Indiana's hospitals are working together to ensure that all patients – regardless of race or ethnicity – receive equal treatment and outcomes. Recently, five hospital systems in Central Indiana announced they will create a central dashboard for patients of different racial backgrounds to report on their health care experience. The goal is to hold providers accountable to patients and eliminate the disparities that exist in treatment for minorities.
“We have developed equity reports that allow us to compare our quality outcomes across demographic groups for each service line and region," said IU Health CEO Dennis Murphy. “We are in the process of standing up a dedicated Health Equity Dashboard which will focus on identifying gaps in access, transitions, outcomes and experiences of care, by race, ethnicity, and payer."
Ascension St. Vincent-Indiana CEO Jonathan Nalli said their care teams are there to respect and listen to every patient who walks through their doors.
“We are unveiling a training on unconscious bias for our workforce," Nalli said. “We also continue to look at our hiring and procurement policies through the lens of diversity, equity, and inclusion. As importantly, we have incorporated a screening tool in the outpatient setting to ascertain if our patients are struggling with social determinants of health so that we are able to better understand and address their healthcare needs."
The issue of equity in health care is not limited to the treatment of patients. Indiana's hospitals have also stated that they intend to address internal inequity in various areas, such as recruiting, retention, training, and pay of minority individuals. IU Health and Eskenazi Health have both announced that they have raised the minimum starting wage to $18 an hour, a measure that will positively affect nearly 12,000 employees between the two organizations. Franciscan Health and Community Health Network have also instituted pay raises, with plans to follow the lead of the other hospital systems.
Dr. Lisa Harris, CEO of Eskenazi Health, says to treat our community with the care they deserve, we must understand the needs at hand.
“Eskenazi Health understands that we must first learn from our community and then partner with community-based organizations, the faith community, our colleagues in health care, local government, and local businesses to close the gap on health disparities," Dr. Harris said. “Therefore, we have invested in leadership and infrastructure to help us identify those neighbors in need of social care and we have re-invested in the partnerships needed to address these social determinants of health. It will require our entire community working collaboratively in this way to call racism a public health crisis and reduce health disparities."
Eskenazi Health has also announced a $2.2M investment with the goal of recruiting and retaining employees of color, including a program that will partner with historically black colleges and universities. While all these initiatives are certainly steps in the right direction, leaders from the hospitals agree that there is much more to be done. They promised to return in six months to report on the progress that they have made in this area and to discuss future efforts to achieve equity in Hoosier health care.
Discussing health equity is one thing officials from Community Health Network say they are dedicated to improving. Community Health Network CEO Bryan Mills said continued conversations and working together is just one way the health care systems plan to make improvements.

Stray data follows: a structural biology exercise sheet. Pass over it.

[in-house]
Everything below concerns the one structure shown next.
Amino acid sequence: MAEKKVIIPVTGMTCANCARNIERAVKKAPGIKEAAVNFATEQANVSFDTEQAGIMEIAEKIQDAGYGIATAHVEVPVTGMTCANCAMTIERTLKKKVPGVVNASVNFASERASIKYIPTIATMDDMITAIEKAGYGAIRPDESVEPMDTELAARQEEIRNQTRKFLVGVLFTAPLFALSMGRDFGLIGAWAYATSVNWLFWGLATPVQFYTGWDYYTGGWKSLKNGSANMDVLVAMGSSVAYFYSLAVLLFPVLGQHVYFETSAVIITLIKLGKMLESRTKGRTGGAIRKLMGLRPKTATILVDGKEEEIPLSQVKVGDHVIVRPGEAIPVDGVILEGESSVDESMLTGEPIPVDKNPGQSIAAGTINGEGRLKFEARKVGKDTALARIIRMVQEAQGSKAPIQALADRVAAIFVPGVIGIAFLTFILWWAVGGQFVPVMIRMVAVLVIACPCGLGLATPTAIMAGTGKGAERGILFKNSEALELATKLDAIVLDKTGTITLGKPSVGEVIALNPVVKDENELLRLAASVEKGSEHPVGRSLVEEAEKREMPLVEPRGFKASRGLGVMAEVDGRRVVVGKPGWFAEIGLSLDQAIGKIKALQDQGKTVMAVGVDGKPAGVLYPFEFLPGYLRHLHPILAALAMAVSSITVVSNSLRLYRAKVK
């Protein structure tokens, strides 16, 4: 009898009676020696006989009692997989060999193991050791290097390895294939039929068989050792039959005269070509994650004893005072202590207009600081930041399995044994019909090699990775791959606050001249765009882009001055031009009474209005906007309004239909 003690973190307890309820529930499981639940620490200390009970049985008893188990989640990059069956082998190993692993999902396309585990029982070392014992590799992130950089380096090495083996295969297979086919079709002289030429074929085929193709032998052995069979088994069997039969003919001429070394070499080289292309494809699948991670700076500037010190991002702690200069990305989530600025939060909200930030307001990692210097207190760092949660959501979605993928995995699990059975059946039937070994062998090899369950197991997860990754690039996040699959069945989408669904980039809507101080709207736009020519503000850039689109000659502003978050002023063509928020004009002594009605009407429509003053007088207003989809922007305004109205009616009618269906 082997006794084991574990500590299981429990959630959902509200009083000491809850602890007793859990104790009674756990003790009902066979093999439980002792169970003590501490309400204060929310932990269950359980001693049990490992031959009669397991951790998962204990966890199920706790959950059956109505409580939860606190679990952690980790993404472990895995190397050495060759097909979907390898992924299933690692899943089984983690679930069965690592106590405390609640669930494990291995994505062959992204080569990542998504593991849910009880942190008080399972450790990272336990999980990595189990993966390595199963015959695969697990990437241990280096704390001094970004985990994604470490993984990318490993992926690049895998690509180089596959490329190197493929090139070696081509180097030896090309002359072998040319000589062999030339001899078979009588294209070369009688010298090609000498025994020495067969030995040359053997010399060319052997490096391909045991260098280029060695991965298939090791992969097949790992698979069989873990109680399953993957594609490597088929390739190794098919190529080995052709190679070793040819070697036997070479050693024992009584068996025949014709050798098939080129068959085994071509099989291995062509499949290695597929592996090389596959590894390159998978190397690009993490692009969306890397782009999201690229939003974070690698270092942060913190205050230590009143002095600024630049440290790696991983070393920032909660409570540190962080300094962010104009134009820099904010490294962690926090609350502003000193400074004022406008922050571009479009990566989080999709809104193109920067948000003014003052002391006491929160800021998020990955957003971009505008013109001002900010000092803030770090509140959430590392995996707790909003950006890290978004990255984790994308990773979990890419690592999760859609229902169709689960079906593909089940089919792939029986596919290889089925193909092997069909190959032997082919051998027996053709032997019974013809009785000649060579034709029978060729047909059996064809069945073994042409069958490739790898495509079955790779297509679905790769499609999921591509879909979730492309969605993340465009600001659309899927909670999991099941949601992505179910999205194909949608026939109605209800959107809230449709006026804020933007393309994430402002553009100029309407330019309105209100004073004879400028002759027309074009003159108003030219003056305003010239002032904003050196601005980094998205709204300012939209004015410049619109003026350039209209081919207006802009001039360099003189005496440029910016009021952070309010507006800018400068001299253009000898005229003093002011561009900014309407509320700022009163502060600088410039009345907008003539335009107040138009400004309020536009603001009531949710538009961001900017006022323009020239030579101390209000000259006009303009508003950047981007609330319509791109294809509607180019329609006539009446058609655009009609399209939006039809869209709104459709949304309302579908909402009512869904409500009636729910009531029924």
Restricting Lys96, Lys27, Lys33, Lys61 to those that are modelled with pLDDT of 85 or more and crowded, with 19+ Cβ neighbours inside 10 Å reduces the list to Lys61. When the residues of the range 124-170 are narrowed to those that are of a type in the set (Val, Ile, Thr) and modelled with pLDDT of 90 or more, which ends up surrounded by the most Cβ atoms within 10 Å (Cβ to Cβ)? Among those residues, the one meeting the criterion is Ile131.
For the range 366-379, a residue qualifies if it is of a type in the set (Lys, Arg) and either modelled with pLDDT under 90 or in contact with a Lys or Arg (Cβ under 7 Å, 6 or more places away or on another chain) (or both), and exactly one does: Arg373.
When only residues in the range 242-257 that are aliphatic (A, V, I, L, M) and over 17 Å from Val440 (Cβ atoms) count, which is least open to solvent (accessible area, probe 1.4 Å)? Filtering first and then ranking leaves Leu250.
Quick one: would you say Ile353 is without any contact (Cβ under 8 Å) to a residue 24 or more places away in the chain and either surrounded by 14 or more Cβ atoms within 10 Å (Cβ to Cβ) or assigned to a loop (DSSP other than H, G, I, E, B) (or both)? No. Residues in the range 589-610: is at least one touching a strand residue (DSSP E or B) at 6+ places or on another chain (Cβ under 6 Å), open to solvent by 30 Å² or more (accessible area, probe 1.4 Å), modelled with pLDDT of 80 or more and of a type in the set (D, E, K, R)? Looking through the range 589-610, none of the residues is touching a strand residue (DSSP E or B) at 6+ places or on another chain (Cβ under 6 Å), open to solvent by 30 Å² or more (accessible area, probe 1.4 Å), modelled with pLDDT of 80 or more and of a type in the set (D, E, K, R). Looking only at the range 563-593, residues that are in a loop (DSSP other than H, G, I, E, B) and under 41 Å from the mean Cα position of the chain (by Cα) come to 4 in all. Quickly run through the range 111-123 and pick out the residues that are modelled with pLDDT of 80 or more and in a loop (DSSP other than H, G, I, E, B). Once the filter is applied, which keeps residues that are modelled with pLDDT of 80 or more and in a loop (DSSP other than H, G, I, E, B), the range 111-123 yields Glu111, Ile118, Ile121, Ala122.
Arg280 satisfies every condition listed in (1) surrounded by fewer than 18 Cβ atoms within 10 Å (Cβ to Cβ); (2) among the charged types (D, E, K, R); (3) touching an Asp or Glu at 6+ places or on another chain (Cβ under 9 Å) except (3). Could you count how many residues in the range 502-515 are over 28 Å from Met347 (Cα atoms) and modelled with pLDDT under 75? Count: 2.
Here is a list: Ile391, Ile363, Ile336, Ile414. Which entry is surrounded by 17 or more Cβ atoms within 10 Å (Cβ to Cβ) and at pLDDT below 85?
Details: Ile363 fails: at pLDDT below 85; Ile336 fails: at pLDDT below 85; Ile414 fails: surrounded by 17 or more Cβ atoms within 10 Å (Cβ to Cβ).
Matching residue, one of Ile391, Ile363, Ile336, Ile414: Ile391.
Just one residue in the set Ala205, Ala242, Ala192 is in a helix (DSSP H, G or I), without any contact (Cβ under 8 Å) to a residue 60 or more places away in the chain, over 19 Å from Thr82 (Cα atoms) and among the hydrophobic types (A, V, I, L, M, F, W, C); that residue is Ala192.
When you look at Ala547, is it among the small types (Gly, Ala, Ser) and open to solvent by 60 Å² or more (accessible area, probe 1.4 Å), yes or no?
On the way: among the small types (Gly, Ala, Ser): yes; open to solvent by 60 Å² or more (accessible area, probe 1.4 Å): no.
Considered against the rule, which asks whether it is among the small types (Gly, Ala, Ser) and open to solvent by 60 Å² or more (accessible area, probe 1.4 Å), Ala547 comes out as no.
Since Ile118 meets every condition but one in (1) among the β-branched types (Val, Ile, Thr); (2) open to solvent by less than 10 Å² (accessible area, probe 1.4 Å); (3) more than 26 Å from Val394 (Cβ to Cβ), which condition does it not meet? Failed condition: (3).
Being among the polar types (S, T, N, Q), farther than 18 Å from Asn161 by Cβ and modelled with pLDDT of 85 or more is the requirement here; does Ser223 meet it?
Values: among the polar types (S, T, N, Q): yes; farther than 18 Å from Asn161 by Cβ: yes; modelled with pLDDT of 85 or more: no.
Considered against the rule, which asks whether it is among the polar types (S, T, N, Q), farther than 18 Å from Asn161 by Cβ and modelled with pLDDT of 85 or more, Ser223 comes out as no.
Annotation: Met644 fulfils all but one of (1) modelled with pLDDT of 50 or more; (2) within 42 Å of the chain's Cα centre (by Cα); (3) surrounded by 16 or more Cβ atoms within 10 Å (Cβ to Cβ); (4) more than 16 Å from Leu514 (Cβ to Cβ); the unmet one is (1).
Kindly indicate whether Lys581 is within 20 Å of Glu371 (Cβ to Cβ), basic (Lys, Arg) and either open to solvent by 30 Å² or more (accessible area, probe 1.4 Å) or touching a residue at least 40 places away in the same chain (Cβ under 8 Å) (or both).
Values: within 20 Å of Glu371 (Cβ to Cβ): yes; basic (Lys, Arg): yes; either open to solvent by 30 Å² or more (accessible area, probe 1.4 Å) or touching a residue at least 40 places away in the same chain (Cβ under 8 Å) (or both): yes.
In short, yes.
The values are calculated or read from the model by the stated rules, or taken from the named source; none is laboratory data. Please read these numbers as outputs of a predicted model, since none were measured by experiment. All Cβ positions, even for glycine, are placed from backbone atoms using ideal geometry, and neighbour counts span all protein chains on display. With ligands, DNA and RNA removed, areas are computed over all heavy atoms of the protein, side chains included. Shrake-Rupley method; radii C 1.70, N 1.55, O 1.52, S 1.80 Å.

“Community is part of a health equity task team that meets frequently, called together in cooperation with the NAACP and Indianapolis Recorder," Mills said. “It includes data and DEI specialists from the major health care organizations serving the Indianapolis area along with the Indiana Health Information Exchange. Our initial work has been on inequities related to diabetes, and we've quickly expanded the focus to also include mental health, infant mortality, and high blood pressure. We're trying to fully understand the health inequities in these areas so we can collaborate on the most effective strategies to address them. Making progress will take all of us working together, along with many other partners, including religious and social service organizations."
Franciscan Health is another hospital system deeply committed to improving the health of the communities they serve. Dr. Jim Callaghan, President, and CEO of Franciscan Health Indianapolis, Mooresville and Carmel, says activities that assist in reducing barriers for health and wellness, address cultural barriers that challenge access to care, and improve social determinants of health are vital.
“We are working to address health equity by creating culturally relevant navigation services in the Burmese population on the south side of
Indianapolis, programs targeting physical activity and nutrition in efforts to reduce diabetes rates in low-resourced communities, and provision of healthy food in Beech Grove," Dr. Callaghan said. “We have educational programs, written resources, and care practices that are translated into multiple languages and reflect culturally relevant themes to appropriately serve the growing immigrant and refugee populations on the south side."
With a record number of patients seeking care, all system leaders said they are redoubling efforts on preventive care to keep people healthy. Indiana hospitals throughout Indiana are working toward the same goals, and future issues of Harmony will highlight some of those efforts.